5 key benefits

How Ice Bath Therapy Can Help You

Eases sore and aching muscles

The greatest benefit of ice baths, most likely, is that they simply make the body feel good. After an intense workout, the cold immersion can be a relief to sore, burning muscles.

Helps your central nervous system

An ice bath can also help your central nervous system by aiding in sleep, and consequently, making you feel better from having less fatigue. Plus, it can help improve reaction time and explosiveness in future workouts.

Limits the inflammatory response

By decreasing the local temperature after exercise ice baths can help limit inflammatory response, decreasing the amount of inflammation and helping you recover faster.

Trains your vagus nerve

One of the main benefits of an ice bath is being able to train your vagus nerve.The vagus nerve is linked with the parasympathetic nervous system, and training it can help you face stressful situations more adequately.

May ease symptoms of depression

Cold water is not a cure for any mental health condition. But certain case studies suggest that cold open water swimming has helped alleviate symptoms of depression and anxiety in some people.

  • Beginner

    We recommend to start with 15 to 30 seconds and work your way up to 1 minute

  • Advanced

    Start with 2 to 3 minutes and work your way up to 5 to 10 minutes

If entering the ice bath directly from the sauna it is recommended to NOT exceed 1 minute in the ice bath.

5 Key Benefits

How Sauna Can Help You

Improves Heart Health

In the high temperatures of a sauna, skin heats up and core body temperature rises. In response to these increased heat levels, the blood vessels near the skin dilate and “cardiac output/circulation” increases. Medical research has told us that the heart rate can rise from 60-70 bpm (beats per minute) to 110-120 bpm in the sauna (140-150 bpm with more intensive bathing), and can often sink to below normal after the cooling off stage. Regular sauna usage has been shown to reduce the risk of all-cause mortality and fatal cardiac incidents along with reduced risk of stroke and hypertension.

Burn calories

Saunas are simply treated as one of many tools in our arsenal when it comes to burning additional calories. The sweating process itself requires a notable amount of energy. That energy is derived from the conversion of fat and carbohydrates in a bodily process that burns up calories. According to U.S. Army medical research (Ward Dean, M.D.), “A moderately conditioned person can easily sweat off 500 grams in a sauna in a single session, consuming nearly 300 calories in the process.” The body consumes said calories due to the acceleration of heart activity (see section 2 on Heart Health). As heart activity increases and as these processes demand more oxygen, the body begins to convert more calories into usable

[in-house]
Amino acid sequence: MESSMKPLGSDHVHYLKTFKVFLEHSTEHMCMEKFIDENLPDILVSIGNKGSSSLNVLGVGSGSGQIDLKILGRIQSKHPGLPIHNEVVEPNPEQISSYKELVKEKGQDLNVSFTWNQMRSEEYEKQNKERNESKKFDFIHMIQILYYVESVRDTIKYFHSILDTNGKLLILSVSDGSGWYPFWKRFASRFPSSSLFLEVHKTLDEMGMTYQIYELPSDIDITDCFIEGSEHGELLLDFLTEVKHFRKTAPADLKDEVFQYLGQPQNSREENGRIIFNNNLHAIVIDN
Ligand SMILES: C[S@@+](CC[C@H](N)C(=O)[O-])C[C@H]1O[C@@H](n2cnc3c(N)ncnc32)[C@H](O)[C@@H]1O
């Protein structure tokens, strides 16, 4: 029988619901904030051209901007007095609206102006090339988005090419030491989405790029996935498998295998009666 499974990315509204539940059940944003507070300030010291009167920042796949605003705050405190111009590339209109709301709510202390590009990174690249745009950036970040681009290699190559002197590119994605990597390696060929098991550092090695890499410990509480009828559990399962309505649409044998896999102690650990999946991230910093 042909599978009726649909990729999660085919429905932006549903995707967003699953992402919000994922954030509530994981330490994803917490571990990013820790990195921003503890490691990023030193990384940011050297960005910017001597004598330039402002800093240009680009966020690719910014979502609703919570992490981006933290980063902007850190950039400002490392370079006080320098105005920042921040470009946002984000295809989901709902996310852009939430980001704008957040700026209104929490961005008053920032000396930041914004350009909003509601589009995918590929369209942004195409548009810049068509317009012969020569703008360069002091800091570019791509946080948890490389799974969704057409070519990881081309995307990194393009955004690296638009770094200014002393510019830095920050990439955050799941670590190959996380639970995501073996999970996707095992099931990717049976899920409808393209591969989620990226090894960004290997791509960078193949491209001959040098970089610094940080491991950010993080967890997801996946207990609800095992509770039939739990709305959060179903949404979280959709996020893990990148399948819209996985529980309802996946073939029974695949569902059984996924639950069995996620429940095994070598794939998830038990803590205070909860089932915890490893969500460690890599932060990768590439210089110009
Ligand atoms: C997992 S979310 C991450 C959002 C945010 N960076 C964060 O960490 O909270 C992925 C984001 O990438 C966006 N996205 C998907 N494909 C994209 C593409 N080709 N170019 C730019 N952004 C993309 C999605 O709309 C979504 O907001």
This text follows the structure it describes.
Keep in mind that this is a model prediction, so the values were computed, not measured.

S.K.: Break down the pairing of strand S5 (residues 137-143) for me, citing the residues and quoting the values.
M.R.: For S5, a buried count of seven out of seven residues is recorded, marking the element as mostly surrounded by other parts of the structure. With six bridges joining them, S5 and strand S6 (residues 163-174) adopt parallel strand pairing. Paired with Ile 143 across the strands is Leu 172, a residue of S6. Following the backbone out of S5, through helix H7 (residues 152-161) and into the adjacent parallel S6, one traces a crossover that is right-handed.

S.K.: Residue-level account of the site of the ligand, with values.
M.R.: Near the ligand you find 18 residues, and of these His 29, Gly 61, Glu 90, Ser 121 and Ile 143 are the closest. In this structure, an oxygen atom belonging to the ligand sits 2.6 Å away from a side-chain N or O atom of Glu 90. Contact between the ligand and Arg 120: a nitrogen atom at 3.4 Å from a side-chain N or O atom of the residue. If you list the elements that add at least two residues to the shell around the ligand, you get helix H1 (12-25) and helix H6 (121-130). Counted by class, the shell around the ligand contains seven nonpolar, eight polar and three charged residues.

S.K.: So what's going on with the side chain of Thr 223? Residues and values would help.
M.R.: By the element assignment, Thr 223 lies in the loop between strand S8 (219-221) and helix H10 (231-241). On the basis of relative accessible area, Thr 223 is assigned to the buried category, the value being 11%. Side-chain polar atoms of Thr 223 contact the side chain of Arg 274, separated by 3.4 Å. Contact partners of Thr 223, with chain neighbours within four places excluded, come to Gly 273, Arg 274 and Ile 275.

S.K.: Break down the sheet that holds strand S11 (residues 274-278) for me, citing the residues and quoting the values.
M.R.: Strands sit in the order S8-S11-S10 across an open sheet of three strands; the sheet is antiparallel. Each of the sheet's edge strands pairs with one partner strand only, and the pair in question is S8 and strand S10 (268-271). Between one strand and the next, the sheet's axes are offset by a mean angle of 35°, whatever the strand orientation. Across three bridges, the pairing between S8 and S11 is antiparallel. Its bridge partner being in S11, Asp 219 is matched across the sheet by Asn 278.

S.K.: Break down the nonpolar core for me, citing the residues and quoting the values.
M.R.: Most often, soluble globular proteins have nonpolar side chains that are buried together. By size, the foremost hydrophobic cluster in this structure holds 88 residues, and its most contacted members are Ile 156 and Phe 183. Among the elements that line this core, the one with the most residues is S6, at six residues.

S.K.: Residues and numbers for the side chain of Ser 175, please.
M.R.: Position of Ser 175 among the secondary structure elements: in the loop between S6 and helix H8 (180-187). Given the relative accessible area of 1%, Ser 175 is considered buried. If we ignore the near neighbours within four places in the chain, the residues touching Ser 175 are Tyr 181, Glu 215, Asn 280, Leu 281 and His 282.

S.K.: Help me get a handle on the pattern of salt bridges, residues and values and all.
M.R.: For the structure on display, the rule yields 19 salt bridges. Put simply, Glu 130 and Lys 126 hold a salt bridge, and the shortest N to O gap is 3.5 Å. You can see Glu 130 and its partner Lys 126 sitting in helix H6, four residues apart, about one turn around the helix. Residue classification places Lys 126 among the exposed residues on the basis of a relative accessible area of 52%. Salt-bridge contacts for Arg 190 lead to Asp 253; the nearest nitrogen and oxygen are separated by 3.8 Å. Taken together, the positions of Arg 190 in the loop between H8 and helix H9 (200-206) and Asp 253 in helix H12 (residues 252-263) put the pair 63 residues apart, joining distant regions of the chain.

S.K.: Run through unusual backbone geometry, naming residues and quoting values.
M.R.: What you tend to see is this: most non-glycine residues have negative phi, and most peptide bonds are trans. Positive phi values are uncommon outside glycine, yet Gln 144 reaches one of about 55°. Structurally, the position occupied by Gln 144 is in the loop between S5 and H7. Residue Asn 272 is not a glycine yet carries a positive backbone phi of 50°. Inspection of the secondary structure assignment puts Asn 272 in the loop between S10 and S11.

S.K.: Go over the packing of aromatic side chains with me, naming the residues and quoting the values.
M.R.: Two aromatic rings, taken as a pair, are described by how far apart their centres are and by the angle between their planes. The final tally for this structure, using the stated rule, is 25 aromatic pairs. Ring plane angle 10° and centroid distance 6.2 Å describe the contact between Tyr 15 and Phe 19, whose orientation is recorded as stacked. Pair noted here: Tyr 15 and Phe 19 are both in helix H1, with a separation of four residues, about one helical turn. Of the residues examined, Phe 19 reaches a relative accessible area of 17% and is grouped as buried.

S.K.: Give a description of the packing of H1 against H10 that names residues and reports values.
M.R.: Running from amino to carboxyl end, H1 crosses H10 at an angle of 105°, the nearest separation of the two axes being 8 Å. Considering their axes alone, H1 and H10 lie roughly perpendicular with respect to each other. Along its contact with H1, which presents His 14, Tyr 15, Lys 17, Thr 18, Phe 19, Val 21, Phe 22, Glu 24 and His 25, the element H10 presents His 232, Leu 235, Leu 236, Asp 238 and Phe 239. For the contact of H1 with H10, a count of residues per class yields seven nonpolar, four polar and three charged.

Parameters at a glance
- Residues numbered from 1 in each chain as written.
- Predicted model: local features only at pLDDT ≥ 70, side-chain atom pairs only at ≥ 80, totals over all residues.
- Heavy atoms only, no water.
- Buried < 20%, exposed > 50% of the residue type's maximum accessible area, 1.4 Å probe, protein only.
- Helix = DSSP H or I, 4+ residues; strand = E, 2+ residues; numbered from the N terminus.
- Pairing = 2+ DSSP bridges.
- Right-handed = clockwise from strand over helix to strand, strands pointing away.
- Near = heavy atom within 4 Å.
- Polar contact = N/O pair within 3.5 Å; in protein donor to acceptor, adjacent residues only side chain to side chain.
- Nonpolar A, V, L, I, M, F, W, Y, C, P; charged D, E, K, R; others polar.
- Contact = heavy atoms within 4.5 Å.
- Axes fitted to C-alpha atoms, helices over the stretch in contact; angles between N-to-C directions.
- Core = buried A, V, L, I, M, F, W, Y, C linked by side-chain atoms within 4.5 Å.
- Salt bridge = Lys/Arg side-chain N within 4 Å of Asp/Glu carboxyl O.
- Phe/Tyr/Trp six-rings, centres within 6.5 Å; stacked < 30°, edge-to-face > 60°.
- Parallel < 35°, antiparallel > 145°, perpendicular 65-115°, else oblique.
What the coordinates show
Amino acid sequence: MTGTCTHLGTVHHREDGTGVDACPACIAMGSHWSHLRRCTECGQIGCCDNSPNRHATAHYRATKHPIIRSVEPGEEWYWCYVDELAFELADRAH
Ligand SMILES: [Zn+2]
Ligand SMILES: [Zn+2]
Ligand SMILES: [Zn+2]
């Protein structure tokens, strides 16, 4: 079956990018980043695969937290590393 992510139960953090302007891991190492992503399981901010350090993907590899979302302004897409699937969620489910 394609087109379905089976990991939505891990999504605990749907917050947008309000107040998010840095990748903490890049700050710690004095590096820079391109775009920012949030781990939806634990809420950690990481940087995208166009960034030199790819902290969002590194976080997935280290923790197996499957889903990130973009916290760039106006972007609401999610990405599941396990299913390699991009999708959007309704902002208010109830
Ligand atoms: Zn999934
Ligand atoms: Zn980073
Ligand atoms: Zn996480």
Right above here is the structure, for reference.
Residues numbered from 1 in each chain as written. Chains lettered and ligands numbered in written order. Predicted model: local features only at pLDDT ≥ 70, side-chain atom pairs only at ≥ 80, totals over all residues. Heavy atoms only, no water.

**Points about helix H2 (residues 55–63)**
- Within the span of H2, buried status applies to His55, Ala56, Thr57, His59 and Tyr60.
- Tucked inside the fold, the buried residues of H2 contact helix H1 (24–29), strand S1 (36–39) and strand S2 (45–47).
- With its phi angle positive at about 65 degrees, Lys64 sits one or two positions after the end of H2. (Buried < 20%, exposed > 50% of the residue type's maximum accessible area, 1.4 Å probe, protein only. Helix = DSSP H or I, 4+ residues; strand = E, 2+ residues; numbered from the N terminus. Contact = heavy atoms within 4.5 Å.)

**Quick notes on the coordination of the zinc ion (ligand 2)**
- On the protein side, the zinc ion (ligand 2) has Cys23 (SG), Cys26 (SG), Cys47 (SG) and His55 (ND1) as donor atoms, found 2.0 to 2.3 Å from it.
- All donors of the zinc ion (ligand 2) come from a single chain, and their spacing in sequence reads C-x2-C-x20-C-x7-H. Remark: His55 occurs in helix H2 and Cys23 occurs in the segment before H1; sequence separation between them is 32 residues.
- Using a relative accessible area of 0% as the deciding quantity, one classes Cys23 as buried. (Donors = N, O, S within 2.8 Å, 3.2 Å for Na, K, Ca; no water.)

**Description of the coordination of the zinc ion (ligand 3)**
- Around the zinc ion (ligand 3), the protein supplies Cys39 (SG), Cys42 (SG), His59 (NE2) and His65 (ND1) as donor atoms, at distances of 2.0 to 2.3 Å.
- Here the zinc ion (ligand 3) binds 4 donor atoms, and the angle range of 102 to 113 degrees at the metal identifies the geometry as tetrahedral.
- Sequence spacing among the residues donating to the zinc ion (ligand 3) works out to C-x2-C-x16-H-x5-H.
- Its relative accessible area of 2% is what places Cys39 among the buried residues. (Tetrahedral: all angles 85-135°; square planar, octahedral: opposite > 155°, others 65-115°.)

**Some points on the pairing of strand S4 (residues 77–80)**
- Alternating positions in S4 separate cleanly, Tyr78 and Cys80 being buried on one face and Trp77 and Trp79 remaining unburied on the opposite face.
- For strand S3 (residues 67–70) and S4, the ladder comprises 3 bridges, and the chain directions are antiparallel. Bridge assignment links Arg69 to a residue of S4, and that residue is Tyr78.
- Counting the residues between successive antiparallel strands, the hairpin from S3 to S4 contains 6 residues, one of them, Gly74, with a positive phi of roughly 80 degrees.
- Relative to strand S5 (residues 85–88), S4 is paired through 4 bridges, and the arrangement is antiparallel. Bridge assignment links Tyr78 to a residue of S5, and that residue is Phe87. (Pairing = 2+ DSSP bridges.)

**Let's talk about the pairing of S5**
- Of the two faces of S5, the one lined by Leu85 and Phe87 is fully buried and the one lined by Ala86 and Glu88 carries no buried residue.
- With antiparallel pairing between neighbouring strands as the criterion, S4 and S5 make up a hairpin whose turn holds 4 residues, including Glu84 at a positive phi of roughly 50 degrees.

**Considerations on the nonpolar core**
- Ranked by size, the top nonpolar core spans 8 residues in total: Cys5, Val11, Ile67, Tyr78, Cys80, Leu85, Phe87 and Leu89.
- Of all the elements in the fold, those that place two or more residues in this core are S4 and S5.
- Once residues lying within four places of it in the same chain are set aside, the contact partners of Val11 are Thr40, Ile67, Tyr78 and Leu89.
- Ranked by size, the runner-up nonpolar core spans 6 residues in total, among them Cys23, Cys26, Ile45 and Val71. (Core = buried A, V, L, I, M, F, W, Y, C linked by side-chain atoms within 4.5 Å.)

Flux toxins and cleanses skin

Due to the heat of a sauna, the core body temperature begins to rise. Sweat production is primarily designed to cool the body, and is composed of 99% water. However, deep sweating in a sauna can help reduce levels of lead, copper, zinc, nickel, mercury and chemicals - which are all toxins commonly absorbed just from interacting with our daily environments. Heat bathing is one of the oldest beauty and/or health strategies in terms of cleansing one’s skin. When the body begins to produce sweat via deep sweating, the skin is then cleansed and dead skin cells are replaced - keeping your skin in good working condition. Sweating rinses bacteria out of the epidermal layer and sweat ducts. Cleansing of the pores has been shown to improve the capillary circulation, while giving the skin a softer-looking quality.

Induce deeper sleep

Research has shown that a deeper, more relaxed sleep can result from sauna use. In addition to the release of endorphins, body temperatures that be come elevated in the late evening, fall at bedtime. This slow, relaxing decline in endorphins is key in facilitating sleep. Sauna bathers worldwide enjoy the deep sleep experiences resulting from the calming heat of an evening sauna.

Aid in recovery after exercise

Saunas relax muscles and soothe aches/pains in both muscles and joints. Under the high-heat provided by a sauna, the body releases endorphins which can minimize pain and is often associated with a “runner’s high.” As the body temperature rises in the heat of the sauna, blood vessels dilate allowing for increased blood circulation, which in turn speeds the body’s natural healing process. After physical activity, use the heat and steam of a sauna to promote muscle relaxation by helping to reduce muscle tension and eliminate lactic acid and other toxins that may be present.


It is important to take a shower before entering the ice bath. Swimwear must be worn throughout session.